Eating more nuts lowers bad cholesterol and reduces heart disease risks without making you fat, new University of Otago research finds.
With National Nut Day falling on October 23, the university's department of human nutrition senior lecturer Rachel Brown said studies showed people who ate 30-60g of nuts per day reduced their risk of heart disease by 35 per cent, and bad cholesterol by 10 per cent.
Ms Brown said there is a misconception that eating more nuts would make people gain weight because of their high fat content.
"Nut eaters are often thinner, because they eat nuts instead of other higher carbohydrate snacks."
She recommended eating a variety of nuts because most were good sources of fibre, unsaturated fat and protein. Almonds and hazelnuts are high in vitamin E, peanuts are high in folate and brazil nuts are high in selenium.
She suggested eating nuts as snacks or adding to salads, stirfrys and muesli.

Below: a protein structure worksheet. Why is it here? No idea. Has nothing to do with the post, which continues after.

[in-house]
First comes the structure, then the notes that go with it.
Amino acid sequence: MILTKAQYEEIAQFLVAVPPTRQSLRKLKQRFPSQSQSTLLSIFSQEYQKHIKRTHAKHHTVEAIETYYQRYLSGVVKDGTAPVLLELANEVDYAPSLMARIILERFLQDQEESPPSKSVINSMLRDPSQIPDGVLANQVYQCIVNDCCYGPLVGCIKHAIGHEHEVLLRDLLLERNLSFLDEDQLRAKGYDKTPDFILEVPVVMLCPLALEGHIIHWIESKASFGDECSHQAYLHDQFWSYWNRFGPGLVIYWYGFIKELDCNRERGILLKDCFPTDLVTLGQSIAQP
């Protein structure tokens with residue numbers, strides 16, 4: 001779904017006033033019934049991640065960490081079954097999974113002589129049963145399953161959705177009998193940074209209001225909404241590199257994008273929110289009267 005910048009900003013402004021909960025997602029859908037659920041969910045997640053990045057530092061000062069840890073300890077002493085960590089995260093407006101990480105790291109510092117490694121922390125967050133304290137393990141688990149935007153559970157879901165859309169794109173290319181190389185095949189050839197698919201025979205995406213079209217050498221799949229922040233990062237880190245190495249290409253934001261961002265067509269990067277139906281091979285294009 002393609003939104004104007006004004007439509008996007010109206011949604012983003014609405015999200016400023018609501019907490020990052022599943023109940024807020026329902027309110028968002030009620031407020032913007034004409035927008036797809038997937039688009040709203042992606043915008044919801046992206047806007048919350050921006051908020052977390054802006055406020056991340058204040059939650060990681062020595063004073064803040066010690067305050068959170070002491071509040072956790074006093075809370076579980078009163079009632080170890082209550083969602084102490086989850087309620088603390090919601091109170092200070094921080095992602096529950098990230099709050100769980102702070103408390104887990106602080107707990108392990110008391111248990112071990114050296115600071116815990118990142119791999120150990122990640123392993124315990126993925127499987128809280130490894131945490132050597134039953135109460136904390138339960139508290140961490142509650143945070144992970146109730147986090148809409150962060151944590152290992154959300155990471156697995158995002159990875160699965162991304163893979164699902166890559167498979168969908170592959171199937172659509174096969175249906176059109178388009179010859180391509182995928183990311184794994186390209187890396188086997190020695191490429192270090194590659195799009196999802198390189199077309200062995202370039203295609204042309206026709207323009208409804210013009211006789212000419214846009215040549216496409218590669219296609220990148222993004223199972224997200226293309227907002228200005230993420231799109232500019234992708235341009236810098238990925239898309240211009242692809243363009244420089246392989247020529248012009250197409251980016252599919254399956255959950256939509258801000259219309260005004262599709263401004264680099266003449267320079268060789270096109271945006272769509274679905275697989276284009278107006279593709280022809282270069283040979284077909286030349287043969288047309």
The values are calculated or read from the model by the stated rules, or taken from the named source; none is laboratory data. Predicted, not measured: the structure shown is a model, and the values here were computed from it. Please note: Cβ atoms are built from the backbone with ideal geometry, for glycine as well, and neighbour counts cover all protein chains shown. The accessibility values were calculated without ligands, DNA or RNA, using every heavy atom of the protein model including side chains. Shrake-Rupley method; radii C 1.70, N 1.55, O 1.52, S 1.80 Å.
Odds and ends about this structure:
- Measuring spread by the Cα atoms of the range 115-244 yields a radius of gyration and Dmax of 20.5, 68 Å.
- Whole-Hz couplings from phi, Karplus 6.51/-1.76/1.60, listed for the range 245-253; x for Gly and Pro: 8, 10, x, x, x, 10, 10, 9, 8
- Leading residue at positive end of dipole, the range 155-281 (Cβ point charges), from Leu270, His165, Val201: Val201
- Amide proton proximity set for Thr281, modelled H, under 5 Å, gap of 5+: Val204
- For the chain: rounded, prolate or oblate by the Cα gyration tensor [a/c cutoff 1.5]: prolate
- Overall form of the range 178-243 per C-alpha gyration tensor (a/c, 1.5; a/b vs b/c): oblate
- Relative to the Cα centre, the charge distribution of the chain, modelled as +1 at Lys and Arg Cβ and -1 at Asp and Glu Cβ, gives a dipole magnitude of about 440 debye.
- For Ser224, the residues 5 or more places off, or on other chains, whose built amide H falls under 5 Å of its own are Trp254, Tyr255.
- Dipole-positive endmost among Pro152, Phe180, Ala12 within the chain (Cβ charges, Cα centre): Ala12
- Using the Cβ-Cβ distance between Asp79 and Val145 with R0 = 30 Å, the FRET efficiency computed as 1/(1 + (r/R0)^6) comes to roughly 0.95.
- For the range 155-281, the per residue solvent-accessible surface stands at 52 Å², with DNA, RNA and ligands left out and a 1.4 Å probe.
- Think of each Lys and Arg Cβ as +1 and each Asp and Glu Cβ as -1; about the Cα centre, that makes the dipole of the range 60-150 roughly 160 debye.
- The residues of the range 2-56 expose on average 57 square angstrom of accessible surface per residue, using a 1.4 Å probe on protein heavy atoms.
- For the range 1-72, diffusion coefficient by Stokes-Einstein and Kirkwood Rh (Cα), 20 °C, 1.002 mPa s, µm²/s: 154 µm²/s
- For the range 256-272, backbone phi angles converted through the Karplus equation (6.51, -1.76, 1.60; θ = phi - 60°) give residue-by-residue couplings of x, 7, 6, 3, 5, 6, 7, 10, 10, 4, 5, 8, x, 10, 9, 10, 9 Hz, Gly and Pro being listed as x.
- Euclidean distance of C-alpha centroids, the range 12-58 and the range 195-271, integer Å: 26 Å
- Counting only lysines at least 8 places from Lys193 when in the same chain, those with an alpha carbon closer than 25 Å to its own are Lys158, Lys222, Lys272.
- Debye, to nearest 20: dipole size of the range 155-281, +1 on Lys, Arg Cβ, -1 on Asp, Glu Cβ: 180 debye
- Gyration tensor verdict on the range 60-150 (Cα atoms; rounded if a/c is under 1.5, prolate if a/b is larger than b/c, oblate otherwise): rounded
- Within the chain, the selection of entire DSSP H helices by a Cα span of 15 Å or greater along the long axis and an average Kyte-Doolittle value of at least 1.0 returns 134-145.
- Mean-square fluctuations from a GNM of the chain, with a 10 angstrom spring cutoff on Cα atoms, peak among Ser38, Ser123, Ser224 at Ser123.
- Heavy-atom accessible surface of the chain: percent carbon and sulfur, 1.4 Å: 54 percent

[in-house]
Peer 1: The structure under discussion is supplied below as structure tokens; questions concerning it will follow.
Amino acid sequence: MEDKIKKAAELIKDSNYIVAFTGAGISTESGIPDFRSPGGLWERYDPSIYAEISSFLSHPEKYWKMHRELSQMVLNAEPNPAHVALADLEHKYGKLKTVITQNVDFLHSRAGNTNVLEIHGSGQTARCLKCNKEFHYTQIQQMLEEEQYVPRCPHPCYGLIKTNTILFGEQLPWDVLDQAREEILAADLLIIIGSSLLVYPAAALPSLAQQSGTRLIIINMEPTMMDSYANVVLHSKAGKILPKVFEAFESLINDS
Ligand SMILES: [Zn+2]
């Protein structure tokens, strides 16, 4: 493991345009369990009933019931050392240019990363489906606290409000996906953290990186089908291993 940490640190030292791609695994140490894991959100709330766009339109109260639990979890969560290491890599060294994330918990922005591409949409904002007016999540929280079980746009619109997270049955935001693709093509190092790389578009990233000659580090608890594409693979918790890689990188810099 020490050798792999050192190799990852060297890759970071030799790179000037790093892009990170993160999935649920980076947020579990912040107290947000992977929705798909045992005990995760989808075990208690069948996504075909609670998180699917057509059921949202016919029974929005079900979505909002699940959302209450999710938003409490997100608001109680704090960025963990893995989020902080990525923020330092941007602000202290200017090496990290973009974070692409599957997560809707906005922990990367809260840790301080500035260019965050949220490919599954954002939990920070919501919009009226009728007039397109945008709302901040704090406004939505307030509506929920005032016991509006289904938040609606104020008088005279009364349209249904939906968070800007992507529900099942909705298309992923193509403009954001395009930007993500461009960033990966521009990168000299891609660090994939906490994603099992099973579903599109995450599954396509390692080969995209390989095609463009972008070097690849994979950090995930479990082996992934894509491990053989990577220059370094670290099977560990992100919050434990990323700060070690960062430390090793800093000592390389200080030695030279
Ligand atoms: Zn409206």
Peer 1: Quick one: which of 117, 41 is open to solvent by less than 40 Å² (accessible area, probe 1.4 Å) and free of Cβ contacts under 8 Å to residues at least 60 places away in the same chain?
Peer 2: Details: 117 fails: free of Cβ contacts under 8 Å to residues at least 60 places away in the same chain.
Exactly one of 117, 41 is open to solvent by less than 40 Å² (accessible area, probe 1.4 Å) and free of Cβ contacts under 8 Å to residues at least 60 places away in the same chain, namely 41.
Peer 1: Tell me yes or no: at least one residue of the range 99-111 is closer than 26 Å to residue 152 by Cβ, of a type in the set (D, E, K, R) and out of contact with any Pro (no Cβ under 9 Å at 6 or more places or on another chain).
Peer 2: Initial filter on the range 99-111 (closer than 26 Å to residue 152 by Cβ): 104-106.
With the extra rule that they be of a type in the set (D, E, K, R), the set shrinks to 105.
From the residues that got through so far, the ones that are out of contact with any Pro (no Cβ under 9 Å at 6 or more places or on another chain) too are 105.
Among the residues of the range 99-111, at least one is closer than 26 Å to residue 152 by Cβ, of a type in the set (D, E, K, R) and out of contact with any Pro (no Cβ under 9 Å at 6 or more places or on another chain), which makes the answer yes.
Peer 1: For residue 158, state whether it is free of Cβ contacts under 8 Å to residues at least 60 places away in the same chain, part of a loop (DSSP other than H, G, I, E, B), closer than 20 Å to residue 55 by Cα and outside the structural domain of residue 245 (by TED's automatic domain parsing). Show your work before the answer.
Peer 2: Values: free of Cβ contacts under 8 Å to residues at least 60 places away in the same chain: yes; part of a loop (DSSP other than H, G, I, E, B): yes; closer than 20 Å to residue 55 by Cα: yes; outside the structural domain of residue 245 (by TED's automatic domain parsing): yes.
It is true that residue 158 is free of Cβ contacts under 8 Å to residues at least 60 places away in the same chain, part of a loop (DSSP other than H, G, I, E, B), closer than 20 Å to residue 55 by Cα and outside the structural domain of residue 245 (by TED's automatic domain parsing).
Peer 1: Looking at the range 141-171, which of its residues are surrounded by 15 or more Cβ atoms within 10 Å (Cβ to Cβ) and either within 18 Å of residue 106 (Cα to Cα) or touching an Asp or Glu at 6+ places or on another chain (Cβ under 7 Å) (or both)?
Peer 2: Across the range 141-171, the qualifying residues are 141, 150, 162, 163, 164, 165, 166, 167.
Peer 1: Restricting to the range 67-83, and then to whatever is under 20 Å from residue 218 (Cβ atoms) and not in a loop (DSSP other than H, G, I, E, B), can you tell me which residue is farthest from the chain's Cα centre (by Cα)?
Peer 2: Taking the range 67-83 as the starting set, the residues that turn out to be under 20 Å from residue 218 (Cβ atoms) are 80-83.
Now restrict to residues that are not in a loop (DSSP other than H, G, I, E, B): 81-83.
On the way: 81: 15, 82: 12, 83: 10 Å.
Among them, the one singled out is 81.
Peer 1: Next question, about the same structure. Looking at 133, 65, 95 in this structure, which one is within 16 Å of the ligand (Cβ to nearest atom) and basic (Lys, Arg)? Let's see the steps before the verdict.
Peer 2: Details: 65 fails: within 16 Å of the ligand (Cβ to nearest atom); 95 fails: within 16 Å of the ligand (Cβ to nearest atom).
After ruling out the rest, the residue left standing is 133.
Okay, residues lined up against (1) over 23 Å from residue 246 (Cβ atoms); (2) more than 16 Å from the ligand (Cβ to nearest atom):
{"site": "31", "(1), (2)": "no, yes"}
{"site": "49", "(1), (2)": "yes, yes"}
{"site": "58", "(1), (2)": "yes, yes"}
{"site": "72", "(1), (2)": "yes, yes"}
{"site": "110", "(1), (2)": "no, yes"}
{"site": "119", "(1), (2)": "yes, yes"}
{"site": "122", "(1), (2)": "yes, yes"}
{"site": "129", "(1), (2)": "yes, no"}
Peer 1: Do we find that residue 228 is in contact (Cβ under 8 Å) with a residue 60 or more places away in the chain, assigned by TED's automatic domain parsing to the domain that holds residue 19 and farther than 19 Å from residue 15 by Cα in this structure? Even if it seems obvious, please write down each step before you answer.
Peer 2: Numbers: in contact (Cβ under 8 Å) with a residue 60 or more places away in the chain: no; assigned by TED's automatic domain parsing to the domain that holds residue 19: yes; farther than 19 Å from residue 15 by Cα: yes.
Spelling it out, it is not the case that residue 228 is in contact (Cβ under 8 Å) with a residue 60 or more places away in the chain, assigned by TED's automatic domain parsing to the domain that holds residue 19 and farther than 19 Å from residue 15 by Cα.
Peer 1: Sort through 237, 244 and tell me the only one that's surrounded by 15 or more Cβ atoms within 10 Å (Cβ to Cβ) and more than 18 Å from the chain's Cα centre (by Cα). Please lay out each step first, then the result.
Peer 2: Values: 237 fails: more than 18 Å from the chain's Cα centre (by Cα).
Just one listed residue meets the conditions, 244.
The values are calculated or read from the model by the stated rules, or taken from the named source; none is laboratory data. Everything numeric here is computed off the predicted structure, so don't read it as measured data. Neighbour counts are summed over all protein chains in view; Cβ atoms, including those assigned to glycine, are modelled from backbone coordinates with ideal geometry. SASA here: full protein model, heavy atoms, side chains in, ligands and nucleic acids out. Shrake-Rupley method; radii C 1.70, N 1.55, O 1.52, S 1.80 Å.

She said making a fruit and nut mix is a good way to encourage children to eat them.
She also encouraged parents to feed children sliced or ground nuts which were easier to eat.
"Elderly people may also find it easier to eat nuts this way."
Ms Brown said there was also a misconception that nuts were too expensive but she said 30g of nuts should only cost around $1-1.50. There was research to suggest peanut butter, especially unsalted, low sugar brands, was a good, cheap way to include nuts in a healthy diet.
"It's always best to check the label first, and then choose the best one."
However, Ms Brown does not recommend eating Nutella spread, which was too high in chocolate and sugar to be healthy, nor did she recommend commercial, roasted and salted nuts.